How did they do it? Contestants from our First Annual Web Mapping contest used a variety of client, server, and database technology to produce some stunning results.Read on for some statistics (in graphical form) about the software employed to create these web wonders.
Address matching for the average business user consists of using Street Centerline files and estimates of actual position relative to address ranges.What happens
when this just isn’t accurate enough? This week in Providence, RI, URISA was addressing that issue as it relates to 911 applications, Homeland Security and using addresses as a common denominator
throughout the enterprise.Read more about what is going on at the conference.
The best of the best, the Oscars of Web Mapping, the Golden Globes of Internet GIS…it is all here and Steve Lombardi of Microsoft shows us the way.Take a tour of Directions Magazine’s web mapping field of fine contestants with an eye toward the unique!
MapInfo reported a profitable third quarter, their first in several.Mike Hickey, MapInfo’s Chief Operation Officer comments on the turnaround and the prospects for
continued growth in the retail and insurance sectors as well as opportunities he sees on the horizon.Editor-in-chief, Joe Francica spoke with Mr.Hickey on August 7, 2003.
Recently a major patient quality of care
organization, the Joint Commission of Accreditation of Healthcare Organizations (JCAHO), suggested that patient safety extends beyond the walls of the hospital and
into the community.Experts on clinical outcomes have long recognized the fact that geography plays a critical role.This altered notion of patient safety, while on its face does not appear “radical,” does pose some interesting
questions and presents new opportunities for geographic information systems, or GIS, to play a significant role.
NOAA has released satellite images taken before and after of the historic blackout of the Northeastern United States, which plunged millions of people into darkness.NOAA processed the night lights data taken by the Defense Meteorological Satellite Program (DMSP). NOAA archives the data from the satellite.The images were taken from the same time period on Aug.13 and 14, 2003.
Chemical and Biological Warfare (CBW) is considered a poor man’s nuke.They are cheap, easy to manufacture and are considered weapons of mass destruction
(WMDs).Chemical and biological weapons use some of the most dangerous chemicals and diseases known to man.These weapons are at the forefront of terrorist
and military threats to world safety and world peace.In past articles, we presented new and unique technologies that can and are being deployed to detect a release of a chemical or biological agent.However, it is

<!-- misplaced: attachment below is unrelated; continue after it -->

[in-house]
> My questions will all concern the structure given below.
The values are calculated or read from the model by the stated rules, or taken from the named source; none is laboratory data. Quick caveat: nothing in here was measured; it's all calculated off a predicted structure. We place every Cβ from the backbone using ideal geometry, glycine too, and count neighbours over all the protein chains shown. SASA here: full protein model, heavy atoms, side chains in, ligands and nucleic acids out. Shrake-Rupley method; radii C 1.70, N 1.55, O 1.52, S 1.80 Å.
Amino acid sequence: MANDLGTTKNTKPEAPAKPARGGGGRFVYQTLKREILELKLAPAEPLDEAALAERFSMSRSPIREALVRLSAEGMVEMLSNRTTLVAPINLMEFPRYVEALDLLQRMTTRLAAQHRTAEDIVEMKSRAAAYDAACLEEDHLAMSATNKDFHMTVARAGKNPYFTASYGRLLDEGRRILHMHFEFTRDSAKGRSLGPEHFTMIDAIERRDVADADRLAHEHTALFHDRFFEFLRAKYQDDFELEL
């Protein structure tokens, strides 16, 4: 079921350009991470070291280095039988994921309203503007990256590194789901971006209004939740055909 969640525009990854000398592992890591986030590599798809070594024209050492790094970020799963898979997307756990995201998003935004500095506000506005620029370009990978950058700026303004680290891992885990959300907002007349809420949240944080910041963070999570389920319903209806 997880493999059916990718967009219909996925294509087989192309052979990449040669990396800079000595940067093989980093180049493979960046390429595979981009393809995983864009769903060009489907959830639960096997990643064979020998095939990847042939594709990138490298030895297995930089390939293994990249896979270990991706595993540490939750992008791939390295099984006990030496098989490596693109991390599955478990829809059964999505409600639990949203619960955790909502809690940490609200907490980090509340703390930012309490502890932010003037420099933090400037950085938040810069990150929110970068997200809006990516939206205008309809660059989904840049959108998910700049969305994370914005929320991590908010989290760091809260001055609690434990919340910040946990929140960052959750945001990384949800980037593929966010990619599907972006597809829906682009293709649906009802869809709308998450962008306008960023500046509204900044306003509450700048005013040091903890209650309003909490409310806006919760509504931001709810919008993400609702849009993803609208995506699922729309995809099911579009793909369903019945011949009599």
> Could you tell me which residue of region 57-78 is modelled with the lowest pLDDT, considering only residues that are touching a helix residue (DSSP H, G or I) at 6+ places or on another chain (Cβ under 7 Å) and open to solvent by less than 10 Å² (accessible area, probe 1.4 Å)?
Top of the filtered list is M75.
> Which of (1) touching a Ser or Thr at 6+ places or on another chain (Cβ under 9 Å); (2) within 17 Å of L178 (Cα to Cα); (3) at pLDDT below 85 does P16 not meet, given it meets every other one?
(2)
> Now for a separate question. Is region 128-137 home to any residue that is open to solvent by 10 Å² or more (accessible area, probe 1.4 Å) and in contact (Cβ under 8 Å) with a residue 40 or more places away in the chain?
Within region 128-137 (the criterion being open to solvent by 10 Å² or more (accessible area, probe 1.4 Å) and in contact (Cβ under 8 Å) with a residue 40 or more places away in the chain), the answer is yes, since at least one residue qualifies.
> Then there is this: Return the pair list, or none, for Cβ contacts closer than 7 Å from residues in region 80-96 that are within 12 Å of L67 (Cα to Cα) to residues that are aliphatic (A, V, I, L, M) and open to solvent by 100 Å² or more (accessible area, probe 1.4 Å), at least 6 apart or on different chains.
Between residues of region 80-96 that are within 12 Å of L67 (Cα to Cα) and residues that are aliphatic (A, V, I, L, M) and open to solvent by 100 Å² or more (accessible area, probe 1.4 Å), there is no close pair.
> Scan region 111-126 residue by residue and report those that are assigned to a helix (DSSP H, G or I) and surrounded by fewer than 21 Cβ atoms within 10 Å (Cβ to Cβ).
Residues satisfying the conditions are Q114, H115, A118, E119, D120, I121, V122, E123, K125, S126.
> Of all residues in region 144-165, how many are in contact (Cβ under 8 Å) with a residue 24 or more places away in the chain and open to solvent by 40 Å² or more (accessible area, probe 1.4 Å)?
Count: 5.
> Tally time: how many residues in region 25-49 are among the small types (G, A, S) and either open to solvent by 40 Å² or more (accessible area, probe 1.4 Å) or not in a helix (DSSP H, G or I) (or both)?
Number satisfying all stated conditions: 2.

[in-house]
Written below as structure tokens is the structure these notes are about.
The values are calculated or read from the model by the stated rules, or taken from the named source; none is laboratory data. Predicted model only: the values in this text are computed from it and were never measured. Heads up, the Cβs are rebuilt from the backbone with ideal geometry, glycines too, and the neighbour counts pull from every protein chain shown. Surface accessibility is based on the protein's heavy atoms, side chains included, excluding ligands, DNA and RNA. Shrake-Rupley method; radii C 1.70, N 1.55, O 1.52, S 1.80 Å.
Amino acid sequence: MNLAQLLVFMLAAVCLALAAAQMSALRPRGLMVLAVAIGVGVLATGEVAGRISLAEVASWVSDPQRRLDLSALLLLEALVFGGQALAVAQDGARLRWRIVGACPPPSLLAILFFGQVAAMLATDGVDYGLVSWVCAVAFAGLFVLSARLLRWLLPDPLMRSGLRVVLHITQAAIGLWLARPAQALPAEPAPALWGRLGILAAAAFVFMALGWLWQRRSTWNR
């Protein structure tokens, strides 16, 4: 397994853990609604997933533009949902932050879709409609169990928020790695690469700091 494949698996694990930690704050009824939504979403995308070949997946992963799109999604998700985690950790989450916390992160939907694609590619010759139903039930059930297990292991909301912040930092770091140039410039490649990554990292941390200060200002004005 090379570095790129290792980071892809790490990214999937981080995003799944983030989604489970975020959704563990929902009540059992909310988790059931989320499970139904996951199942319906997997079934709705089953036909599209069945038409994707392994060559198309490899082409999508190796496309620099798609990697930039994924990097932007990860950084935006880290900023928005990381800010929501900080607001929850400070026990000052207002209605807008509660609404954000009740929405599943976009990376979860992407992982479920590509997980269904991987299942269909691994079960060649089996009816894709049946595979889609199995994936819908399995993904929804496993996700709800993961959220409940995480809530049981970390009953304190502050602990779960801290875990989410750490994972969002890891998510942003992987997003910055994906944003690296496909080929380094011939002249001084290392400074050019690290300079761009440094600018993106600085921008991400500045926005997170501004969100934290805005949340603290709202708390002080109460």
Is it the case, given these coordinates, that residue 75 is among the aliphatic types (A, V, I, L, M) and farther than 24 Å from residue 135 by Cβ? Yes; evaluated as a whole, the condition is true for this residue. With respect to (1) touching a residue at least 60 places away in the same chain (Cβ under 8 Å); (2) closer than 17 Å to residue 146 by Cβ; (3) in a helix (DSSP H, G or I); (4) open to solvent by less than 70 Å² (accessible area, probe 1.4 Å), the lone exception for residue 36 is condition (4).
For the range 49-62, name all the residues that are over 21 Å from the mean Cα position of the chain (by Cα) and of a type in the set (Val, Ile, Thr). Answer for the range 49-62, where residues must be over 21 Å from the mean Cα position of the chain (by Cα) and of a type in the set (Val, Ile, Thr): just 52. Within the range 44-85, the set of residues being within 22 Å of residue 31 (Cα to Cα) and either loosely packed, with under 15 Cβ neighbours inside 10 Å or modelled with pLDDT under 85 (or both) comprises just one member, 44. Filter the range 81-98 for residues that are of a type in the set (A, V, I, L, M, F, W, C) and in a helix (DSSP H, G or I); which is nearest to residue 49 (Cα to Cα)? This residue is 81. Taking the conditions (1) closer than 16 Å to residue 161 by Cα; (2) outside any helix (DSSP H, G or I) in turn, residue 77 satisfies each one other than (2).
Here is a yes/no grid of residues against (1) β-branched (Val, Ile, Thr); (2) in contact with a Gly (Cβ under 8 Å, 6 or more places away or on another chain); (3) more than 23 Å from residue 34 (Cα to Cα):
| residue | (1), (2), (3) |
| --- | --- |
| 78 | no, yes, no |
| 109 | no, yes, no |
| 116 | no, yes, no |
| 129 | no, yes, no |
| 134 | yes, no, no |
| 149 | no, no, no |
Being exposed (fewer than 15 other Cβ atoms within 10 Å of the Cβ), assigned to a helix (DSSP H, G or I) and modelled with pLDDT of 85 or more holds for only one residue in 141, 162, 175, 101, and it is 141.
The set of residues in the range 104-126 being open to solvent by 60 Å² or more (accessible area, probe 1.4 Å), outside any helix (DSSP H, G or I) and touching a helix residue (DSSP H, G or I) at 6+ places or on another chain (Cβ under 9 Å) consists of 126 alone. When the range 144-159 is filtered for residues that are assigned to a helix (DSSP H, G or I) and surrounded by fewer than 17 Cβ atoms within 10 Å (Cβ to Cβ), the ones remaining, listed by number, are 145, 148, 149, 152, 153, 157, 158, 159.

impossible to protect every area of every city within the America.So if a chemical or biological agent were released, how soon could it be detected and would we
be able to respond quick enough to contain and limit the number of people exposed? This article explores the some of the risks and remedies of dealing with the variety of chemical agents that exist in the world today.
The United States Mine Safety and Health Administration issued a report on July 24th citing faulty maps as a cause for the Quecreek Mine disaster in
June 2002, where nine miners were trapped for 4 days until rescued through the narrowest of bore holes through which they were lifted to safety.According to the
report, “The primary cause of the water inundation was the use of an undated and uncertified mine map of the Harrison No.2 mine.Read more and see photos and maps about the disaster.
National Preparedness—The concept, or better yet the very definition, is in transition due to changes in technology.How is any nation to be prepared for the next natural or man-made disaster? Changes in technology such as database design,
geospatial applications, hardware, speed and method of transmission; plus a strong sense of urgency to protect ourselves following the 9/11 events in New York are affecting everything from technology purchases to public policy…Read more.
Most of the things that human society cares about happen at addresses.Where people live, work and play.Where most economic activity takes place.Where
crime happens.Where fires occur.Where people are injured.Where goods are bought and sold.This article will discuss how point level addressing is particularly beneficial for those applications that are dependent upon locational precision and where standard, range-based address geocoding is flawed.
There has been discussion about how GIS will impact industry applications for years. But what technologies might impact GIS users and vendors? How are GIS companies being "disrupted" by other technologies?